People of religious background would reject the notion of gene patenting as undignified for various faith-based reasons. Catholics believe that humans have dignity or moral worth because they were created in God’s image. “Theologians have interpreted this claim to mean that God endowed human beings with moral, spiritual, emotional, and cognitive attributes that reflect His divine nature. Thus, human beings have moral worth because God made human beings and God endows what He creates with moral worth”(Resnick 6). Therefore, the argument made by many religions is that if something has intrinsic value for religious reasons then it cannot and should not be expressed in terms of the market for the sake of its own dignity.

All too relevant to this ethical dilemma is Immanuel Kant’s discourse on human dignity. Kant has written extensively on the topic of human dignity and may shed light on the issue. Immanuel Kant’s general moral principle, the categorical imperative, supports the idea that human beings have intrinsic moral value. “According to a version of the categorical imperative known as the principle of humanity, we have a moral duty to treat all human beings as ends-in-themselves, not merely as means to other ends”(Resnick 6). Moreover, Kant would also state that “humans have ‘an intrinsic worth, i.e., dignity,’ because they are rational agents, that is, free agents capable of making their own decisions, setting their own goals, and guiding their conduct by reason”(Rachels 133-34). Because Kant stresses the intrinsic worth all rational agents, and considering his categorical imperative, I think Kant would see the patenting of human genetic material as a means to an end as well as an insult to human dignity.

I have considered the question of whether human DNA patents violate human dignity. Several strong arguments were given on behalf of those who approve of DNA patenting. I learned that gene patenting is beneficial in securing funds for research, returning funds for research, and for the forward development of biotechnology. I also found that certain people would find genetic patenting to be a disgrace to human dignity. Certain radicals liken the practice to slavery saying that it is complete commodification of humanity, while many religious persons would view the practice as immoral on the grounds that God has endowed humans with an intrinsic worth which cannot be put into market terminology of any kind. Similarly, I have evaluated Immanuel Kant’s philosophy on human dignity and the intrinsic worth of the rational moral agent.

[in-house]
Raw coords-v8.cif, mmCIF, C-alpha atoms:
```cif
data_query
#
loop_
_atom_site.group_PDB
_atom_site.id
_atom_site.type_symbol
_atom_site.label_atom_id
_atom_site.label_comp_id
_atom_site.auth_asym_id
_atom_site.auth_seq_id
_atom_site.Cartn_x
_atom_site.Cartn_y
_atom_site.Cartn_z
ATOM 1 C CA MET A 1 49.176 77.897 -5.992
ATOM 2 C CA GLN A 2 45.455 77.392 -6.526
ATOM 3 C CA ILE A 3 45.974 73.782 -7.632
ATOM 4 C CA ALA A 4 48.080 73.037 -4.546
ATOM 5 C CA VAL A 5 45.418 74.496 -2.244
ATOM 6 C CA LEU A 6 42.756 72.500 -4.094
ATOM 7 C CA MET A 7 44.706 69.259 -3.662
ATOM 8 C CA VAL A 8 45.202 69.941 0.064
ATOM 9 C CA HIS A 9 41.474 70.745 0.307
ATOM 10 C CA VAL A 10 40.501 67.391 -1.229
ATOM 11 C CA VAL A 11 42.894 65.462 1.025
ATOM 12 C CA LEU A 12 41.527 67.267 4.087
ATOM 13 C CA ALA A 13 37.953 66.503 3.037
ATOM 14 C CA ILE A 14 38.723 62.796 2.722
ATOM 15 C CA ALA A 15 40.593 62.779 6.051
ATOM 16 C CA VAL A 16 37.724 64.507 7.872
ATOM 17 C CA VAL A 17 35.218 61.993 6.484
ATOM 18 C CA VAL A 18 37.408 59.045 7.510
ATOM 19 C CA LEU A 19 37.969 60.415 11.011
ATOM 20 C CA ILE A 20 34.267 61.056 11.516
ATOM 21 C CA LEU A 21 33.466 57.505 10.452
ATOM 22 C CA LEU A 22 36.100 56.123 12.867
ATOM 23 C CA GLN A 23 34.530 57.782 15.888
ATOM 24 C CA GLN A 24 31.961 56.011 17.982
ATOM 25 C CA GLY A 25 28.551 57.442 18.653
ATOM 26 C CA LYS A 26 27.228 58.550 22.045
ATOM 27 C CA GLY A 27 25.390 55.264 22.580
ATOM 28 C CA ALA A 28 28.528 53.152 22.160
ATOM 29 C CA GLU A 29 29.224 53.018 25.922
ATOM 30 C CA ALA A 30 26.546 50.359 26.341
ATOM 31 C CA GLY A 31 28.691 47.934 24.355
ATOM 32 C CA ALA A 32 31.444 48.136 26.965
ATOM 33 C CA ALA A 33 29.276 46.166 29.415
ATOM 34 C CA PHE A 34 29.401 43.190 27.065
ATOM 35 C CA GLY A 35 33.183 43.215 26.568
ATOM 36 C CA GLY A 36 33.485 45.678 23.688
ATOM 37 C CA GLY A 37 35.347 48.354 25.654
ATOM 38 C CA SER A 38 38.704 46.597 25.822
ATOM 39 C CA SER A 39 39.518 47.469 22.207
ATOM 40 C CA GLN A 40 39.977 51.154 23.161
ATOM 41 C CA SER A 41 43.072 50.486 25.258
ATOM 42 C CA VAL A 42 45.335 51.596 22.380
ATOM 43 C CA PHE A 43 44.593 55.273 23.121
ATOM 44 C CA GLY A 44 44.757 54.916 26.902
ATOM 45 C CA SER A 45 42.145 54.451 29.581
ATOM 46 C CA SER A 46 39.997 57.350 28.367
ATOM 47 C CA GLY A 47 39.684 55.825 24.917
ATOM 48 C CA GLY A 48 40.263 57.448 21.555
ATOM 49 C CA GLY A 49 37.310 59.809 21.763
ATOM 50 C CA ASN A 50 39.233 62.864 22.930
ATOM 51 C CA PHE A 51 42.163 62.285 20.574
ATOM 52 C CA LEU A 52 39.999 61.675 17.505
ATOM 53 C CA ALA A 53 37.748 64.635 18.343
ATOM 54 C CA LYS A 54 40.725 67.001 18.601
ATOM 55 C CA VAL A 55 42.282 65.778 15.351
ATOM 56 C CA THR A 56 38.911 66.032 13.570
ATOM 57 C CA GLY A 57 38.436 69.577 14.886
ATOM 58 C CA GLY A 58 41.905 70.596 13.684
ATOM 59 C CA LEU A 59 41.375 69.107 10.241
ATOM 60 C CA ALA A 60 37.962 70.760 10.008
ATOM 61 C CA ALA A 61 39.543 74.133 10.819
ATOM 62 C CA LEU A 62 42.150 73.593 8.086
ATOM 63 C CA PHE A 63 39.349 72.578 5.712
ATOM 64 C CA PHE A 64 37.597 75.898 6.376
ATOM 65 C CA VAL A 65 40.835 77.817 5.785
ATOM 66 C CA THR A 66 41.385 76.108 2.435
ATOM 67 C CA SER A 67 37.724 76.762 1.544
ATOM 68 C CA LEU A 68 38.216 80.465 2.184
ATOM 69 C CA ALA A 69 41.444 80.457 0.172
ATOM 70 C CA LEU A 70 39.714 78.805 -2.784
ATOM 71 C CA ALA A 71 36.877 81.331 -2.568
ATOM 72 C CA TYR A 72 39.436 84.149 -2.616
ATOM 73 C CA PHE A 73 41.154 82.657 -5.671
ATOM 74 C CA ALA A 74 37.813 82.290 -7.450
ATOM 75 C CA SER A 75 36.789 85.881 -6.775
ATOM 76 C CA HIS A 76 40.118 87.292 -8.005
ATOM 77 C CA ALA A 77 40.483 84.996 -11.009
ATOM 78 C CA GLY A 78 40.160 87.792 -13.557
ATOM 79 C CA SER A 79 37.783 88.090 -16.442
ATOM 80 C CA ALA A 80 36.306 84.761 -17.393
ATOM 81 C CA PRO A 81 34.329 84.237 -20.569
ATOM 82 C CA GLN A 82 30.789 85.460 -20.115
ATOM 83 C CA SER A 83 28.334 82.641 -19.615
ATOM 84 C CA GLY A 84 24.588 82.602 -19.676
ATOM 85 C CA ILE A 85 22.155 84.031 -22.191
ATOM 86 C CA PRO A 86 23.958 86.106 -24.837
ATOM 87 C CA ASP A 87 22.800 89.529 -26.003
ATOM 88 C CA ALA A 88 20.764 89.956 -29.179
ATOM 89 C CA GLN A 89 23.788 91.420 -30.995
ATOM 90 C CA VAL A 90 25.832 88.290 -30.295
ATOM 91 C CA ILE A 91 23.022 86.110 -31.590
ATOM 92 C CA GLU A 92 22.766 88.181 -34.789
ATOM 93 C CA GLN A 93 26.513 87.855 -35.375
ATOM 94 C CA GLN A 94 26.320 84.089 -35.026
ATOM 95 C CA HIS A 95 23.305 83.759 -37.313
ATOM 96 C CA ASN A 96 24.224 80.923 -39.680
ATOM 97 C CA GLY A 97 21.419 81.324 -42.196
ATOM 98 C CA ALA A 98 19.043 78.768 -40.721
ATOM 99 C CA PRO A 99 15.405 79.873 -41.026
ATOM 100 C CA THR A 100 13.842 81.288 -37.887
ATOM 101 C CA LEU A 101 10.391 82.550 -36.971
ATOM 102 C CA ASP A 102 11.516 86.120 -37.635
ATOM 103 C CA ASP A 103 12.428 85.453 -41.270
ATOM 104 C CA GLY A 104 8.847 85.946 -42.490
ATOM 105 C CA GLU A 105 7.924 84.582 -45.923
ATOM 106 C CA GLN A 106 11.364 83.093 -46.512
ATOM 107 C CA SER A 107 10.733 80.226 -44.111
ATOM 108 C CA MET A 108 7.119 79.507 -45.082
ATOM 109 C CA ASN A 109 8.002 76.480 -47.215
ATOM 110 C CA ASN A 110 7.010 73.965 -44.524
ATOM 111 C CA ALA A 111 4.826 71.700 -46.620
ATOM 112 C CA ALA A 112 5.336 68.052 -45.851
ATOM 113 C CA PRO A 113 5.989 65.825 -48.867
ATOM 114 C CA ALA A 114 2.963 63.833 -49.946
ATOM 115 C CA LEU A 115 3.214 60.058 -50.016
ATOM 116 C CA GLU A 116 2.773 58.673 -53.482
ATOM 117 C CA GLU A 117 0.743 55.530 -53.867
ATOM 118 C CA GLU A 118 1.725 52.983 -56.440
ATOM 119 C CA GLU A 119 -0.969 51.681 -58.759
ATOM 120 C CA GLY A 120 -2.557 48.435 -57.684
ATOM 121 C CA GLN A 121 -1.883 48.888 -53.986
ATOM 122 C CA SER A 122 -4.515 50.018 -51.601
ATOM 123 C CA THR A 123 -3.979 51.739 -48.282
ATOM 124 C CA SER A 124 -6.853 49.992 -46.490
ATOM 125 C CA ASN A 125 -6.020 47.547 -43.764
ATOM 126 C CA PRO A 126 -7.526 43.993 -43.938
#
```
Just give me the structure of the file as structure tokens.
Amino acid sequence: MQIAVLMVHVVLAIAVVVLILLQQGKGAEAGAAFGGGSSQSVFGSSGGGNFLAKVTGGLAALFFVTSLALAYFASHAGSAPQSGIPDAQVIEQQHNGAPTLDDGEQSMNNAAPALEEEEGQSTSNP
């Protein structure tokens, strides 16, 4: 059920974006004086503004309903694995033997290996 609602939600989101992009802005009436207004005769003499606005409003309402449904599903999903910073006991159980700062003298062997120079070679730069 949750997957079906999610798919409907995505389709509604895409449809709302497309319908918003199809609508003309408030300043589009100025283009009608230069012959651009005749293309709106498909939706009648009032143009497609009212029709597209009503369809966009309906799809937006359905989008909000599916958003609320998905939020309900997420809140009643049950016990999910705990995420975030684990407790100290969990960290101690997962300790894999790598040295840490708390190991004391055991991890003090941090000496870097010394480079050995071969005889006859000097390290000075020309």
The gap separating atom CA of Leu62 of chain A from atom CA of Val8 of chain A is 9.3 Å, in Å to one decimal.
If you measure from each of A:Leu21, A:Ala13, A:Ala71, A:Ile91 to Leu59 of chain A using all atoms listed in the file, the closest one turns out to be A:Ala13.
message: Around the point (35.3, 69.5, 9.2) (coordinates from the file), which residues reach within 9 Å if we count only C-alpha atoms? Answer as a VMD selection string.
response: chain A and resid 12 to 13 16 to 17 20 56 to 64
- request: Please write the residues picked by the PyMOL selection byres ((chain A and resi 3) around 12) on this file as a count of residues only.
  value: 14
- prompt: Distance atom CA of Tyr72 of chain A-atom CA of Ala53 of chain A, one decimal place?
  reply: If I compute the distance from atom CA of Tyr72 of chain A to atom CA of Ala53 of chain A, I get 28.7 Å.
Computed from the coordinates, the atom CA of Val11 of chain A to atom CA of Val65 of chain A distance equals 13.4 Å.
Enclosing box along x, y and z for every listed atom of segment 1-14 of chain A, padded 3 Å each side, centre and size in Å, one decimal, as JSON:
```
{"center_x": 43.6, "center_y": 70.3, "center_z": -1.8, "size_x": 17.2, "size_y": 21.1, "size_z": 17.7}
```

I have come to the conclusion that DNA patents would only offend human dignity in the instance where complete commodification of the human being occurs. Since we have not yet put out a patent over a DNA sequence that is even remotely close to the entirety of the human genome, complete commodification has not occurred, and human dignity has not been violated. Furthermore, because patenting of the gene cannot be considered the same as a whole person, there can be no violation of Kant’s ultimate moral principle. Nevertheless, a day will come when the genome will be mapped out entirely, and one must wonder what path genetic patenting is sending us down in terms of the future. While I may not see the current DNA patenting as a violation of human dignity, it is most certainly a threat in the sense that they apply market terminology to the human body. It is simply a case of line drawing. How far down the path of commodification of the human body must we travel before it is considered unethical and offensive to our human dignity?

Works Cited

Bruce, Donald. Society, Religion and Technology Project, “Patenting Life? An Introduction to the Issues.”

Rachels, James. The Elements of Moral Philosophy. New York City: McGraw-Hill College, 1999.

Resnick, David B. “DNA Patents and Human Dignity.” Journal of Law, Medicine, & Ethics. Summe2001, Vol. 29 Issue 2, p152, 14p.

United States Department of Energy. The Human Genome Project: Gene Patenting.